Assuming that nothing can be done to boost the congregation, have other options other than conversion to a theater been considered? Most folk did not know the Church was for sale and it has never been advertised. Mrs. Patrick tells us that we should fear the intentions of other developers. Really. How can she be so sure? If the Church is interested in doing the right thing by the neighborhood, why not explore other options? What can be lost?
A potential thorny issue for Charleston
The issue of what to do with churches could be a thorny one for Charleston if attendances do indeed decline. The City has a large number of churches and those in the historic district are more often than not designated buildings. What does the City do if and when other churches decide to close their doors and sell out? Most of the churches were built before the invention of the automobile and the need for parking. Their conversion to meaningful secular use will be a problem for the community, at least if the City maintains a commitment to retaining the character of the historic district.
Need for re-zoning
The conversion of the Church to a theater will require a hearing from the Board of Zoning Appeals. The obligations of the developer in regard to parking are clear and we do not believe Mrs. Patrick is correct in saying that the converted church would be "grandfathered" into not having to meet all parking requirements. Our reading of the ordinance suggests that a 10-year lease is needed. If the parking structure has not been built and the theater company is prepared to commit to only 2 years at the converted church, problems exist. To grant an exception, in our view, is a big stretch.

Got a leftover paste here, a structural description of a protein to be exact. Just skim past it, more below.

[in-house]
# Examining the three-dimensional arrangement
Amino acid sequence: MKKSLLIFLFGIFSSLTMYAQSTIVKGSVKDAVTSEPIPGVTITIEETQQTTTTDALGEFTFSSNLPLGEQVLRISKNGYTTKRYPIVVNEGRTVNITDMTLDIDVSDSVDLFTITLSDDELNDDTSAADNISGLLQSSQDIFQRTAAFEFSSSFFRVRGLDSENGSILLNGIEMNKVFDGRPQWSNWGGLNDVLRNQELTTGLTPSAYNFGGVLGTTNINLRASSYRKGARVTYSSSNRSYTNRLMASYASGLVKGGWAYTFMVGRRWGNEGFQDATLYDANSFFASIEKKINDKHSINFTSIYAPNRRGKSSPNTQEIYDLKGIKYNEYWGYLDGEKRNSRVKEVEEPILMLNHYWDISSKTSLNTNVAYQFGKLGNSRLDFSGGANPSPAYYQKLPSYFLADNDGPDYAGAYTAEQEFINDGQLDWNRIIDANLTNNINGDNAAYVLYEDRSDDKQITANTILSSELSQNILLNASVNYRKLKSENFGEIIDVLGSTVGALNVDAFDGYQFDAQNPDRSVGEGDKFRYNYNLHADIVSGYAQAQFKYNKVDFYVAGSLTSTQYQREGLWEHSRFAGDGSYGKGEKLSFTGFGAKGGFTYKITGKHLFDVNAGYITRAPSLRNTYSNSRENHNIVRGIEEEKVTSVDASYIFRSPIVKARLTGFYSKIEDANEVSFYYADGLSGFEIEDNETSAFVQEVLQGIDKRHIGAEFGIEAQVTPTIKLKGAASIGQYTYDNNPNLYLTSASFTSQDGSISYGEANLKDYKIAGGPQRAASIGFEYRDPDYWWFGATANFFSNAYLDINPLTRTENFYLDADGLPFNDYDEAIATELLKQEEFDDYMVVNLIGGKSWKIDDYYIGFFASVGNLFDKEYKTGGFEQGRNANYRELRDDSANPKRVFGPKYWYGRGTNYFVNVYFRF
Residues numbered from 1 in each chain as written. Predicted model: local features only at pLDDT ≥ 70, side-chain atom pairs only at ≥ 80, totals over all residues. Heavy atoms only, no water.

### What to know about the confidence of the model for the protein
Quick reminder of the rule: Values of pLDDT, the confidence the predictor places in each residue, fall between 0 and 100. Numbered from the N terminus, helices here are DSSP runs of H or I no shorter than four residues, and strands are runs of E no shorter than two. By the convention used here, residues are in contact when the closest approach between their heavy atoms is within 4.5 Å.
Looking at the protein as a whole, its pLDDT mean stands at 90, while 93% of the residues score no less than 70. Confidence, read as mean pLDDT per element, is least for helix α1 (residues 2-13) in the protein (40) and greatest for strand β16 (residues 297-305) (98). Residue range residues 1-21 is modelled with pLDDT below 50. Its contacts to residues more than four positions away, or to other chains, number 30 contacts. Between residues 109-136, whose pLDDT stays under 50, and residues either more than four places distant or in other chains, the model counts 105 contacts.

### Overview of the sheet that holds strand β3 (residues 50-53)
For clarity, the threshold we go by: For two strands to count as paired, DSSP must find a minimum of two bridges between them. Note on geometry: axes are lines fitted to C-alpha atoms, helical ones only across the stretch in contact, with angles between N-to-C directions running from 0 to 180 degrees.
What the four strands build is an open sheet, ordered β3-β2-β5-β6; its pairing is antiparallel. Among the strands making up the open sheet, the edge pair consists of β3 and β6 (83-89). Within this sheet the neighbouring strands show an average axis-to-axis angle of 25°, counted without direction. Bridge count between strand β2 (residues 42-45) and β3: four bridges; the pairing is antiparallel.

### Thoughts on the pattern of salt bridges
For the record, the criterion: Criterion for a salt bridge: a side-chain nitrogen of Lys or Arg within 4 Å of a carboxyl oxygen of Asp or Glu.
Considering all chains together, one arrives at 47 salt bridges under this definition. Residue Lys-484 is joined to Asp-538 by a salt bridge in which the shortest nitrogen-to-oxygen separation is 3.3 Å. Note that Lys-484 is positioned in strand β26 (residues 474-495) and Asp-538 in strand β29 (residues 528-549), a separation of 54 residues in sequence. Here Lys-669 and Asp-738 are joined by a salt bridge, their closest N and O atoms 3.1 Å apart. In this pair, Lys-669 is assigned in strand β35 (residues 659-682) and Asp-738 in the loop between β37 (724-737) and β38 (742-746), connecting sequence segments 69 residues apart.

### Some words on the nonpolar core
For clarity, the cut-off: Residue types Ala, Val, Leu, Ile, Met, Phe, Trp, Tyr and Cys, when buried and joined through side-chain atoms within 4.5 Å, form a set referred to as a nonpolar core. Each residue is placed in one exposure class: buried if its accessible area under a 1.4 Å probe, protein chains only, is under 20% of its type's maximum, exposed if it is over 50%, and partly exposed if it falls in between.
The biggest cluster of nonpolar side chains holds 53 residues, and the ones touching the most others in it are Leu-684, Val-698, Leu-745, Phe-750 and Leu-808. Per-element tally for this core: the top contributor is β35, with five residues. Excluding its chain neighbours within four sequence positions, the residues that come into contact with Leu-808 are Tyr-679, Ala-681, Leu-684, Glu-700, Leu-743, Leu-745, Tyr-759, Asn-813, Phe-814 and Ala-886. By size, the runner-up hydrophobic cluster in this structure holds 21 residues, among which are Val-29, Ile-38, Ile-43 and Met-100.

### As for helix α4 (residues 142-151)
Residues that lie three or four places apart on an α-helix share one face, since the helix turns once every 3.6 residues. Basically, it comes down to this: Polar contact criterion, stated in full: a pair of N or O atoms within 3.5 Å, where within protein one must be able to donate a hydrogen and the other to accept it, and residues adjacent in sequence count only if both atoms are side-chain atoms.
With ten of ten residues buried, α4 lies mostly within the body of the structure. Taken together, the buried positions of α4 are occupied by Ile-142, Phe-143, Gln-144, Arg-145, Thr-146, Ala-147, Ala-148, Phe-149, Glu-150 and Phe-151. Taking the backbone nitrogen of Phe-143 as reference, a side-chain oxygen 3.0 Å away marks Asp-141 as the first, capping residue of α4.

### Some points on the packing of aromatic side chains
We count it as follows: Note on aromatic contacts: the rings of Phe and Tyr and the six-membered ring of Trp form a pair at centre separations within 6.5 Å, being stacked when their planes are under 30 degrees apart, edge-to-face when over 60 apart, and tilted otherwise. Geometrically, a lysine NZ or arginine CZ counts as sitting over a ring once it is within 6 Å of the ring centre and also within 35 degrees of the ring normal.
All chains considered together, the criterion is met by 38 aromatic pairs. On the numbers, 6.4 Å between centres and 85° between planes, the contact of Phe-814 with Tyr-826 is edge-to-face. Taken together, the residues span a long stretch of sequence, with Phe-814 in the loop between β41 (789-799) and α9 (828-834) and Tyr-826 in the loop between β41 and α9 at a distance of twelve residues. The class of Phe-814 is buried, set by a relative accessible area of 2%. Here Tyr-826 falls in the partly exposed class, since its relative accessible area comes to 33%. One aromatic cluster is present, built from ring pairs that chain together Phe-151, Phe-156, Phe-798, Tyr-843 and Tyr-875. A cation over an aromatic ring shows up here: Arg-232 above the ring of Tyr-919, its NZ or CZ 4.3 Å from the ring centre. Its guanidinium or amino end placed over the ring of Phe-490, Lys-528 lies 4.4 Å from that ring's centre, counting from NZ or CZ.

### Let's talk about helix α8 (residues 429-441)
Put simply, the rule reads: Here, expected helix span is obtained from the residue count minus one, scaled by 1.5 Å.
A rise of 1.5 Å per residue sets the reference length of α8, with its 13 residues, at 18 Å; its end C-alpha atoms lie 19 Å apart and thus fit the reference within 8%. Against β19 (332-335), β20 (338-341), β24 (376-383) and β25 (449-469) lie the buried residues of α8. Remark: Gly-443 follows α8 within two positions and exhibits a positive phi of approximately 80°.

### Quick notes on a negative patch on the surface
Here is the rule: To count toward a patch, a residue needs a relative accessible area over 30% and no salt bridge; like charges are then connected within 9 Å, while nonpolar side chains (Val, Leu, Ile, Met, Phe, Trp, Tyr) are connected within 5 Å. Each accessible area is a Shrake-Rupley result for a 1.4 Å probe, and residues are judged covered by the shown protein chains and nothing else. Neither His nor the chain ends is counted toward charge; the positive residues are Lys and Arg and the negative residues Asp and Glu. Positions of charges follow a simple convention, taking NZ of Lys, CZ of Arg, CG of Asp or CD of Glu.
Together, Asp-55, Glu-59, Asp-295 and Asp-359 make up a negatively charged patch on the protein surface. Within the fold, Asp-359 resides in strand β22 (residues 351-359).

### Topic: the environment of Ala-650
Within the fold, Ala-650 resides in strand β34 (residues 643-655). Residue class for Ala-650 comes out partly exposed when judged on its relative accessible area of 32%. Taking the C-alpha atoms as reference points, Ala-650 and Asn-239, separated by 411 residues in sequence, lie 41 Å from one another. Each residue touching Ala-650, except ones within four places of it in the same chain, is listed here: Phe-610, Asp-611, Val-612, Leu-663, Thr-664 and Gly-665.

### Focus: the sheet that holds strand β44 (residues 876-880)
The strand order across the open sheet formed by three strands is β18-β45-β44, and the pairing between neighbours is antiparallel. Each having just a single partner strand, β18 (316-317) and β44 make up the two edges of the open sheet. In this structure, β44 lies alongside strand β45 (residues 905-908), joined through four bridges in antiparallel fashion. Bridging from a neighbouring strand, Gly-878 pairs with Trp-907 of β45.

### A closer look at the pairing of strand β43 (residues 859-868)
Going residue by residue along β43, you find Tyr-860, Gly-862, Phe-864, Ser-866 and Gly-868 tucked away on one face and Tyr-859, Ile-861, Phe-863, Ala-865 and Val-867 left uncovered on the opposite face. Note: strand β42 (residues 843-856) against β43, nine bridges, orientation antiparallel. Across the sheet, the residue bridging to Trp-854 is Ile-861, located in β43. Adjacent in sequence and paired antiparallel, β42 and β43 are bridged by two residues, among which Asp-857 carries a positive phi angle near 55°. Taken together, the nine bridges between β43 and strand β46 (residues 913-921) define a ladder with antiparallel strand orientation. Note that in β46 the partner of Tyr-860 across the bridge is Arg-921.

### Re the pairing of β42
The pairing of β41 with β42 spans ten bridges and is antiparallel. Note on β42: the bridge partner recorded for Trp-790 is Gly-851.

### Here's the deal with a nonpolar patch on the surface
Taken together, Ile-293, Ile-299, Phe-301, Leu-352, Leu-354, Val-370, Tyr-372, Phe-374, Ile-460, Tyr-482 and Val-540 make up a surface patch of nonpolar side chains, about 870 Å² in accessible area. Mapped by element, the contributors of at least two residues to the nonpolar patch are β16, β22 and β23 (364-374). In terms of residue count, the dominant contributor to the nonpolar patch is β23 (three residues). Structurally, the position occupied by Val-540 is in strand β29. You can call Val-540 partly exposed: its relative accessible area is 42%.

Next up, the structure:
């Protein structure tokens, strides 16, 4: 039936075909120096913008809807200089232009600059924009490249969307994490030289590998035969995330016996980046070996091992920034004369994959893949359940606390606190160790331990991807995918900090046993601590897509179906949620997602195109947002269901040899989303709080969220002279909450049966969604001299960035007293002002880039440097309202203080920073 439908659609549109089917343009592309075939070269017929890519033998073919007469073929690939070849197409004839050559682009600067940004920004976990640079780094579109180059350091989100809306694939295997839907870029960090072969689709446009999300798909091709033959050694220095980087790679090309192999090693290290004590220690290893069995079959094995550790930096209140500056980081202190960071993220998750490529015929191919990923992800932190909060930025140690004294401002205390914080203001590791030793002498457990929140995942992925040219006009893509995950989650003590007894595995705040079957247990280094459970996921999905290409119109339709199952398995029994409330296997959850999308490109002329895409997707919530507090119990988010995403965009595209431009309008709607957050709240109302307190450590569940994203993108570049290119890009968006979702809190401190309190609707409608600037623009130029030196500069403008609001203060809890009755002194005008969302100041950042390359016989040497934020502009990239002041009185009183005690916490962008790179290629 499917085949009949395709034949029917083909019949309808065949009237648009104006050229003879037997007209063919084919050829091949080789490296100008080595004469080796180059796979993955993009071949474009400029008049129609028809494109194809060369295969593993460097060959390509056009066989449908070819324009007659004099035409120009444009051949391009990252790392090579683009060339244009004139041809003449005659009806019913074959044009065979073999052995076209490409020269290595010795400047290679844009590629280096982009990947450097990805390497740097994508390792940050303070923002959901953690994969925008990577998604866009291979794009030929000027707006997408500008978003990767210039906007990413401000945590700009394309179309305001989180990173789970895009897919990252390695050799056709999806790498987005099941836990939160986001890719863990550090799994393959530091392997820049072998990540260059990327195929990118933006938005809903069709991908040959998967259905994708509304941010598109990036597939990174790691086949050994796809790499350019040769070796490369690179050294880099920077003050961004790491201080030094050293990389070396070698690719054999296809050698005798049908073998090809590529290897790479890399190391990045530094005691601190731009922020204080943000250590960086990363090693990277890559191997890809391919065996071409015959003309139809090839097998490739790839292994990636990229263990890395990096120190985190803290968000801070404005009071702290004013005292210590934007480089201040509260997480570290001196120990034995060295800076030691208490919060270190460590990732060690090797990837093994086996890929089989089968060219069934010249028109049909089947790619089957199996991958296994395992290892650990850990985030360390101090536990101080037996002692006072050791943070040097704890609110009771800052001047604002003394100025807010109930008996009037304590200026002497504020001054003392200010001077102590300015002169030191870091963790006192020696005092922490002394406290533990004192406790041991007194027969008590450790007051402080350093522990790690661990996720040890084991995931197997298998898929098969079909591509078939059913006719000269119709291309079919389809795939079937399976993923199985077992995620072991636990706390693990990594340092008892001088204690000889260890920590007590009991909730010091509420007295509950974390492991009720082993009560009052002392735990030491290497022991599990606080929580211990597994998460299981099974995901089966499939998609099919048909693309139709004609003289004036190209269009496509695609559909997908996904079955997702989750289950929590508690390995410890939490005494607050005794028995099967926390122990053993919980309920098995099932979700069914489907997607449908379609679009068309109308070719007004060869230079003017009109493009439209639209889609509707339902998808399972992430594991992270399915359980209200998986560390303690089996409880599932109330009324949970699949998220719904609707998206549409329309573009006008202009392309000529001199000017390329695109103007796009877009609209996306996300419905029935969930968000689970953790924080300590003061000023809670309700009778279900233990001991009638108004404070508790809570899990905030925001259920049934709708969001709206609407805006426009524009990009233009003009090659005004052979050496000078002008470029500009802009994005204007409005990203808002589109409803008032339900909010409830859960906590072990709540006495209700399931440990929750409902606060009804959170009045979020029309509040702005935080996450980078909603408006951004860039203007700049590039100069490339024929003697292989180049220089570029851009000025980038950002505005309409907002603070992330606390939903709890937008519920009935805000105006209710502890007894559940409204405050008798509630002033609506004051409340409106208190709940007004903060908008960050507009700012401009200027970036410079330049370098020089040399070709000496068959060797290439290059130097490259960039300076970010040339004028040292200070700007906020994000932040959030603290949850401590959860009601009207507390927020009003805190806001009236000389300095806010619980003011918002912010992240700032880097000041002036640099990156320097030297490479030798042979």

Parking is major issue
And it was parking probably more than anything else that concerned the community. The planned renovation would provide seating for up to 400 persons. The City ordinance requires the provision of "on site" parking of 1 space per 6 seats, meaning that under the City code, there would need to be 67 spaces. Clearly it can't fully meet this obligation. But it gets by according to the regulations if it can lease the required spaces under a 10- year agreement and within 400 feet of the theater. To fulfill its obligation, the theater plans to lease spaces from City, which in turn plans to build a structure that contains parking facilities on the site of the present Federal Building. Looking at the map of the sites, the parking facilities most likely will be within 400 feet of the church.
What is planned for Federal Building site?
Nobody knows what exactly is planned for the Federal Building site, residents said at the meeting. Mrs. Patrick said the City is planning to call for Request for Proposals shortly and a parking garage will be written into the proposal. But even if the facility becomes a reality, we all know that people don't like to walk, and many will park on the street, despite the threat of parking tickets. It's the invasion of cars, people and buses that the residents fear will upset the tranquility of their quiet neighborhood, both night and day. There will be theater performance at night and education events during the day.
It has taken decades to make progress….